On April 5, 1933, President Franklin Roosevelt issued a decree that made it illegal for Americans to own gold. Any American caught owning gold after that date would be hit with a federal felony prosecution and face a penalty of up to five to ten years in jail and a $10,000 fine. Roosevelt’s decree, which was memorialized as Executive Order 6102, still stands as one of the most remarkable, shocking, and tyrannical events in U.S. history.
Think carefully about what FDR did. Here were tens of millions of Americans owning gold coins. It was their privately owned property. With his decree, Roosevelt took it from them. His nationalization was no different from the nationalizations of private property that were taking place in communist countries, such as the Soviet Union and, later, Cuba.
Why did Roosevelt use federal power to seize everyone’s gold? He maintained that privately owned gold was interfering with his New Deal program to get America out of the Great Depression.
The real reason he did it was to ensure that America could never again return to a gold-coin standard and also to the smash out of the collective memory of the American people that gold and silver coins had once served as the official money of the American people.
Needless to say, FDR succeeded on both counts. Today, the United States still has the paper-money system that Roosevelt established with his decree. Moreover, if you were to do a survey asking Americans to describe the so-called gold standard, my bet is that more than 95 percent of respondents would say that it was a “paper-money system backed by gold.”
A recent example of this phenomenon appeared in the June 30 issue of the Washington Post. In a review of a new book entitled How One Precious Metal Has Dominated the American Imagination for Four Centuries by James Ledbetter, author Simon Johnson describes America’s founding monetary system as follows: “A monetary system subsequently modeled on that of Britain included gold as an anchor of value for paper money and bank deposits.”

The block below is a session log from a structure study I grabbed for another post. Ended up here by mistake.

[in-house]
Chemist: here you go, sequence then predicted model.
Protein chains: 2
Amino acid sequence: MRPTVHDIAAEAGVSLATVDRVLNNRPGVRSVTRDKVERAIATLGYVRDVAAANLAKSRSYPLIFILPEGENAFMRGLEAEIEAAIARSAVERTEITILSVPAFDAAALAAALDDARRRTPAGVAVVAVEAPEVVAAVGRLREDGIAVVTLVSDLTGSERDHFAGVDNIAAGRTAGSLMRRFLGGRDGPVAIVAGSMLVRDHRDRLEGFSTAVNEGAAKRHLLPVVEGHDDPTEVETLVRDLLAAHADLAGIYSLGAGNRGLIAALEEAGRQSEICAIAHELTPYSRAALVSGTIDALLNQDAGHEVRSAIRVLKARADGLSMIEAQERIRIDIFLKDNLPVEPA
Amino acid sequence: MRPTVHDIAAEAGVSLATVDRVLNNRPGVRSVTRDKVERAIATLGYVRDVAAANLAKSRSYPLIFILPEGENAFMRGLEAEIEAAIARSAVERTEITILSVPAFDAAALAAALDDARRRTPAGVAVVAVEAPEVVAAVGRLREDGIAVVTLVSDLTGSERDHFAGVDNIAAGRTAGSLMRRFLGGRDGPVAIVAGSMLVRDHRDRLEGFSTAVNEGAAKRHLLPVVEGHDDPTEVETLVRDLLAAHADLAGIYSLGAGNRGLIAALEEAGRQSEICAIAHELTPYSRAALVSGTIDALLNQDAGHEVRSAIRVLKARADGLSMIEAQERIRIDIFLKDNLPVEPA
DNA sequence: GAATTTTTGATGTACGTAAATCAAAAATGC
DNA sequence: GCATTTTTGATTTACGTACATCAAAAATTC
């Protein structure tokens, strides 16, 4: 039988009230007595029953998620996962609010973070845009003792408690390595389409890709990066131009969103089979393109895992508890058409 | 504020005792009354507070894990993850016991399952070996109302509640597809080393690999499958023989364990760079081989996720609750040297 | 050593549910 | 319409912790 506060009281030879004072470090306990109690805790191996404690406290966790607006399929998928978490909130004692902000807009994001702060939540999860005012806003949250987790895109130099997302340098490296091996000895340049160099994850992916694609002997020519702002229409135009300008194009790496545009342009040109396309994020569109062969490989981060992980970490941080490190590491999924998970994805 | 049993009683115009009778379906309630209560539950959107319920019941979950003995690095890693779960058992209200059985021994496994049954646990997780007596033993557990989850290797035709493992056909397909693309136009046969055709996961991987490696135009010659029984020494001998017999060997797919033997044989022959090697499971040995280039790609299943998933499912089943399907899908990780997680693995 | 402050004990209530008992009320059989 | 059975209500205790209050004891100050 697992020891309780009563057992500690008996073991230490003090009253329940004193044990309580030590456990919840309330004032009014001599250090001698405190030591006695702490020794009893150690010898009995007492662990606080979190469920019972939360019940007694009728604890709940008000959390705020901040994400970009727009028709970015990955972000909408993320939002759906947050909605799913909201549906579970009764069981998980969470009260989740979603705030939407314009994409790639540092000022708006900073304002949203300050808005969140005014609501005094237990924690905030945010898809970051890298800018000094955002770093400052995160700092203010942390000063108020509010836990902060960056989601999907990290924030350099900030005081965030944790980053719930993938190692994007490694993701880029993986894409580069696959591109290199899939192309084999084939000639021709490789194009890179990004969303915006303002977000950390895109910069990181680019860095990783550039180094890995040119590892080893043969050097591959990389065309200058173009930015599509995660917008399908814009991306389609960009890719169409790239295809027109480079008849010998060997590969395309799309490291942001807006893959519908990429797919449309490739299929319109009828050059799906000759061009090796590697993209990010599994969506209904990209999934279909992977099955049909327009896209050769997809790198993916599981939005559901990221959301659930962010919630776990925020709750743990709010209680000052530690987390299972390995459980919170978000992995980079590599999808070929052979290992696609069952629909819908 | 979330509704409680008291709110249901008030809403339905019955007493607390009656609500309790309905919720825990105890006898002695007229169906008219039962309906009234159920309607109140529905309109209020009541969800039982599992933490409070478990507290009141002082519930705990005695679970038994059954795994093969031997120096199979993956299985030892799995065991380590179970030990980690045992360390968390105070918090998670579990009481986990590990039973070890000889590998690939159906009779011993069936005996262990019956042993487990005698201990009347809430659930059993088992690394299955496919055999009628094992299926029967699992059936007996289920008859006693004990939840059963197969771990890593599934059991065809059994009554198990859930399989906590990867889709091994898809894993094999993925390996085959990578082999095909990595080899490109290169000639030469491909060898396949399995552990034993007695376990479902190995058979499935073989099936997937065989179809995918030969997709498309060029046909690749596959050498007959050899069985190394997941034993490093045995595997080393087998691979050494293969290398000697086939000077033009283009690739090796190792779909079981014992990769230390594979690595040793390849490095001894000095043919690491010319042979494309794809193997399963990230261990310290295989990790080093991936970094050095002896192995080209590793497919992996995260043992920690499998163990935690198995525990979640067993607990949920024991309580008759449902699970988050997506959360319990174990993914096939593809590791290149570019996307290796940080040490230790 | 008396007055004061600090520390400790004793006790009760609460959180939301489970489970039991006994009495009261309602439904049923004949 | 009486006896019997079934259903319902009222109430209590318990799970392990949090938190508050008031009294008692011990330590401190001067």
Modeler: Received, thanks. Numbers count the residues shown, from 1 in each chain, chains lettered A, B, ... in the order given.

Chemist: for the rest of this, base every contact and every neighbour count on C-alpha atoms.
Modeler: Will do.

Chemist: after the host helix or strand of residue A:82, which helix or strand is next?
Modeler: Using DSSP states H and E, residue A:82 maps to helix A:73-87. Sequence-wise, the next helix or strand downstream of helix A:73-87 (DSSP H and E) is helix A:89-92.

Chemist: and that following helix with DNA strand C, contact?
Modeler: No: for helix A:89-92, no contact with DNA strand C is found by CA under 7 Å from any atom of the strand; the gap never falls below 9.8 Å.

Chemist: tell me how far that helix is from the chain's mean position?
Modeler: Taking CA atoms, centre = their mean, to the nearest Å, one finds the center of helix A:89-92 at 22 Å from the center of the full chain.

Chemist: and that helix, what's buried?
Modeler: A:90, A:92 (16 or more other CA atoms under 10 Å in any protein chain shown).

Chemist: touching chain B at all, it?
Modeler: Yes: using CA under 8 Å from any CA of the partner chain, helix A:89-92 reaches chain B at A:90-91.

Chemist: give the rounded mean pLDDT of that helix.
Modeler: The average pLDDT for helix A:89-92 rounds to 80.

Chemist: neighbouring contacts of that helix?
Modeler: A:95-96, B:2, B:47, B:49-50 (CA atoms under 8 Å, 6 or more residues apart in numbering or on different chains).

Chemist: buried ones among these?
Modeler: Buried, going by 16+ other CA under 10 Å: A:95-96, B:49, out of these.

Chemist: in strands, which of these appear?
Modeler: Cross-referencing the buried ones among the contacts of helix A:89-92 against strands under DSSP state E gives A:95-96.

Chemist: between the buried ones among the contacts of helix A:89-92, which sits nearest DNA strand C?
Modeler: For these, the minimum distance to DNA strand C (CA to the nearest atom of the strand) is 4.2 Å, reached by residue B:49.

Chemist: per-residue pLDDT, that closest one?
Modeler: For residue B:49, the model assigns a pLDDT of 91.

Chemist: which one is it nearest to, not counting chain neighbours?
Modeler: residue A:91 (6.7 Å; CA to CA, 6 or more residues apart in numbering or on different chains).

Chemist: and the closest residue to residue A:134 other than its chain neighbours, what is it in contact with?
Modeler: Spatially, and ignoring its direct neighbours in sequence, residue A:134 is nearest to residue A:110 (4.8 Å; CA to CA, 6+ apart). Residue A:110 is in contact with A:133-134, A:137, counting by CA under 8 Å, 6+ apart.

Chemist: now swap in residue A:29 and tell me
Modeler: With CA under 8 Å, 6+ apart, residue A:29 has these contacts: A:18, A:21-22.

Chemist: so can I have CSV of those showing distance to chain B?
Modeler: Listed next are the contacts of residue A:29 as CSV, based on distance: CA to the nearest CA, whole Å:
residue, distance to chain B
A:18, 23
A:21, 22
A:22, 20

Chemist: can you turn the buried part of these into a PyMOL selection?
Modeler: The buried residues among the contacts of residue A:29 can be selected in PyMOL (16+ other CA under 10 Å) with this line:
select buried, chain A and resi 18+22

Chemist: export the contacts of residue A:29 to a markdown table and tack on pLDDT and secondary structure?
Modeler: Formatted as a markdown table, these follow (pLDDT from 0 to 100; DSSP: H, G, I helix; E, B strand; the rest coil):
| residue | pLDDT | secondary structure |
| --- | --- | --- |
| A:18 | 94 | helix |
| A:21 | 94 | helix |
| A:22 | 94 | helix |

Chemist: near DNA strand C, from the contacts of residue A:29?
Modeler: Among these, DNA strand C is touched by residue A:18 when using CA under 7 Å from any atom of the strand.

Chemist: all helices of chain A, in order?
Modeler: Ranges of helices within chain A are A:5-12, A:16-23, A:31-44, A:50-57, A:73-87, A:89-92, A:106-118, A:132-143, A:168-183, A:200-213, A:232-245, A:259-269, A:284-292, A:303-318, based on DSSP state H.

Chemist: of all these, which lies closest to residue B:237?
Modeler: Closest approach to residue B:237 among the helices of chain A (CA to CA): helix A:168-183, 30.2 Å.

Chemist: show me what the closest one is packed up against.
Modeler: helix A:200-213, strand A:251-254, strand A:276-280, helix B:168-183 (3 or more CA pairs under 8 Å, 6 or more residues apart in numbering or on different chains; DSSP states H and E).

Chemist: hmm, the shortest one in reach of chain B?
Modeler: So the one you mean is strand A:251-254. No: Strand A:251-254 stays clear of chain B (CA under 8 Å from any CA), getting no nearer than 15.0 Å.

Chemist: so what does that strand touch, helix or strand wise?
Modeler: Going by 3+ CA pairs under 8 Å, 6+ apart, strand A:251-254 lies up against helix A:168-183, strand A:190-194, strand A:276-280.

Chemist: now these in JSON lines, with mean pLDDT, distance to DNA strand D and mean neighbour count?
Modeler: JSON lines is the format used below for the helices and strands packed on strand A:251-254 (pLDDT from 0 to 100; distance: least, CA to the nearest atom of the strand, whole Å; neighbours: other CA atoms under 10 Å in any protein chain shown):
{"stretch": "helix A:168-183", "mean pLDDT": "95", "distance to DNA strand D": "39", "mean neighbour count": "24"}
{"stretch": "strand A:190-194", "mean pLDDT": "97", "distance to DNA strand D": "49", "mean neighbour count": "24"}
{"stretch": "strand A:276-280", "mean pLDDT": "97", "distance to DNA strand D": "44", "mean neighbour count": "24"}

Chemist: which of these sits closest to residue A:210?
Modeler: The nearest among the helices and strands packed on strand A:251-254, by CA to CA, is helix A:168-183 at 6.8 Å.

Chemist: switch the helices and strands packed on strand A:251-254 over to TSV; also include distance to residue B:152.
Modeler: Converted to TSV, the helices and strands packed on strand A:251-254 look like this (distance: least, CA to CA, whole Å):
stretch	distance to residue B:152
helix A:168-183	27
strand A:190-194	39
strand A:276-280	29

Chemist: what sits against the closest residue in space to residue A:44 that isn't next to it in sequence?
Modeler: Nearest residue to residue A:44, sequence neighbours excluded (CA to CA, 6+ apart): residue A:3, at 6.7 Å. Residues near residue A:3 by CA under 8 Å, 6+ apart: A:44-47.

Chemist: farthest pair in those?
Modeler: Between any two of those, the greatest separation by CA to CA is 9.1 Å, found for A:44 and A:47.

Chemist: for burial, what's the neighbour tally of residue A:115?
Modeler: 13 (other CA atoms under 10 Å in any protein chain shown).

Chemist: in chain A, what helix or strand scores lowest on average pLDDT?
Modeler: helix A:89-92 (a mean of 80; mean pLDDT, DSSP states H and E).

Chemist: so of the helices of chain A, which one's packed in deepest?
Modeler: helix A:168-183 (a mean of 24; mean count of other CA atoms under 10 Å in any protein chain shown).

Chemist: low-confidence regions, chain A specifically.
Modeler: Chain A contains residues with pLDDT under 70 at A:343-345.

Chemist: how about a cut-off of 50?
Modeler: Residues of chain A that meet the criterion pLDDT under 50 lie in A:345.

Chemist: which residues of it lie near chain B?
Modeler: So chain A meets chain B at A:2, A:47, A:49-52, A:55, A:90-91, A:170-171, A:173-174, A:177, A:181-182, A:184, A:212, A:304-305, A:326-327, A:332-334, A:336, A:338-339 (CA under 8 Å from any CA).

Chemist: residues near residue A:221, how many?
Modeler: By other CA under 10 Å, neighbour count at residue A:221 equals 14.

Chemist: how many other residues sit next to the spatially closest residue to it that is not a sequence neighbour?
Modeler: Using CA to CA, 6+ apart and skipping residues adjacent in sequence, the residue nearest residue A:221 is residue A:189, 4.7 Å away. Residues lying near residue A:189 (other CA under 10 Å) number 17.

Who is Simon Johnson? The Post describes him as the “head of the Global Economic and Management Group at MIT’s Sloan School of Management” and “previously chief economist of the International Monetary Fund.”
That’s what we would ordinarily describe as a highly educated individual, right? Yet, Johnson, like so many others, gets it wrong about the gold standard. It’s a testament to the brilliance of Franklin Roosevelt, who nationalized gold so that future generations of Americans would forget what the gold standard really was.
Contrary to what Johnson writes, America’s monetary system at the founding of the United States and for the next 140 years was not one based on “paper money backed by gold” or “paper money anchored by gold.” It was a system in which the official money of the United States consisted of gold coins and silver coins.
There was no “paper money backed by gold” because there was no paper money. The reason there was no paper money was because the U.S. Constitution prohibited paper money.
The last thing our American ancestors wanted was a monetary system based on paper money. If you had told them that the Constitution was bringing into existence a paper-money system, the Constitution would never have been ratified. Our American ancestors knew what governments throughout history had done with paper money. They had printed ever-increasing gobs of it to finance the ever-increasing expenditures of government officials. By inflating the supply of paper money by printing more of it, government officials devalued the the paper money holdings of the populace.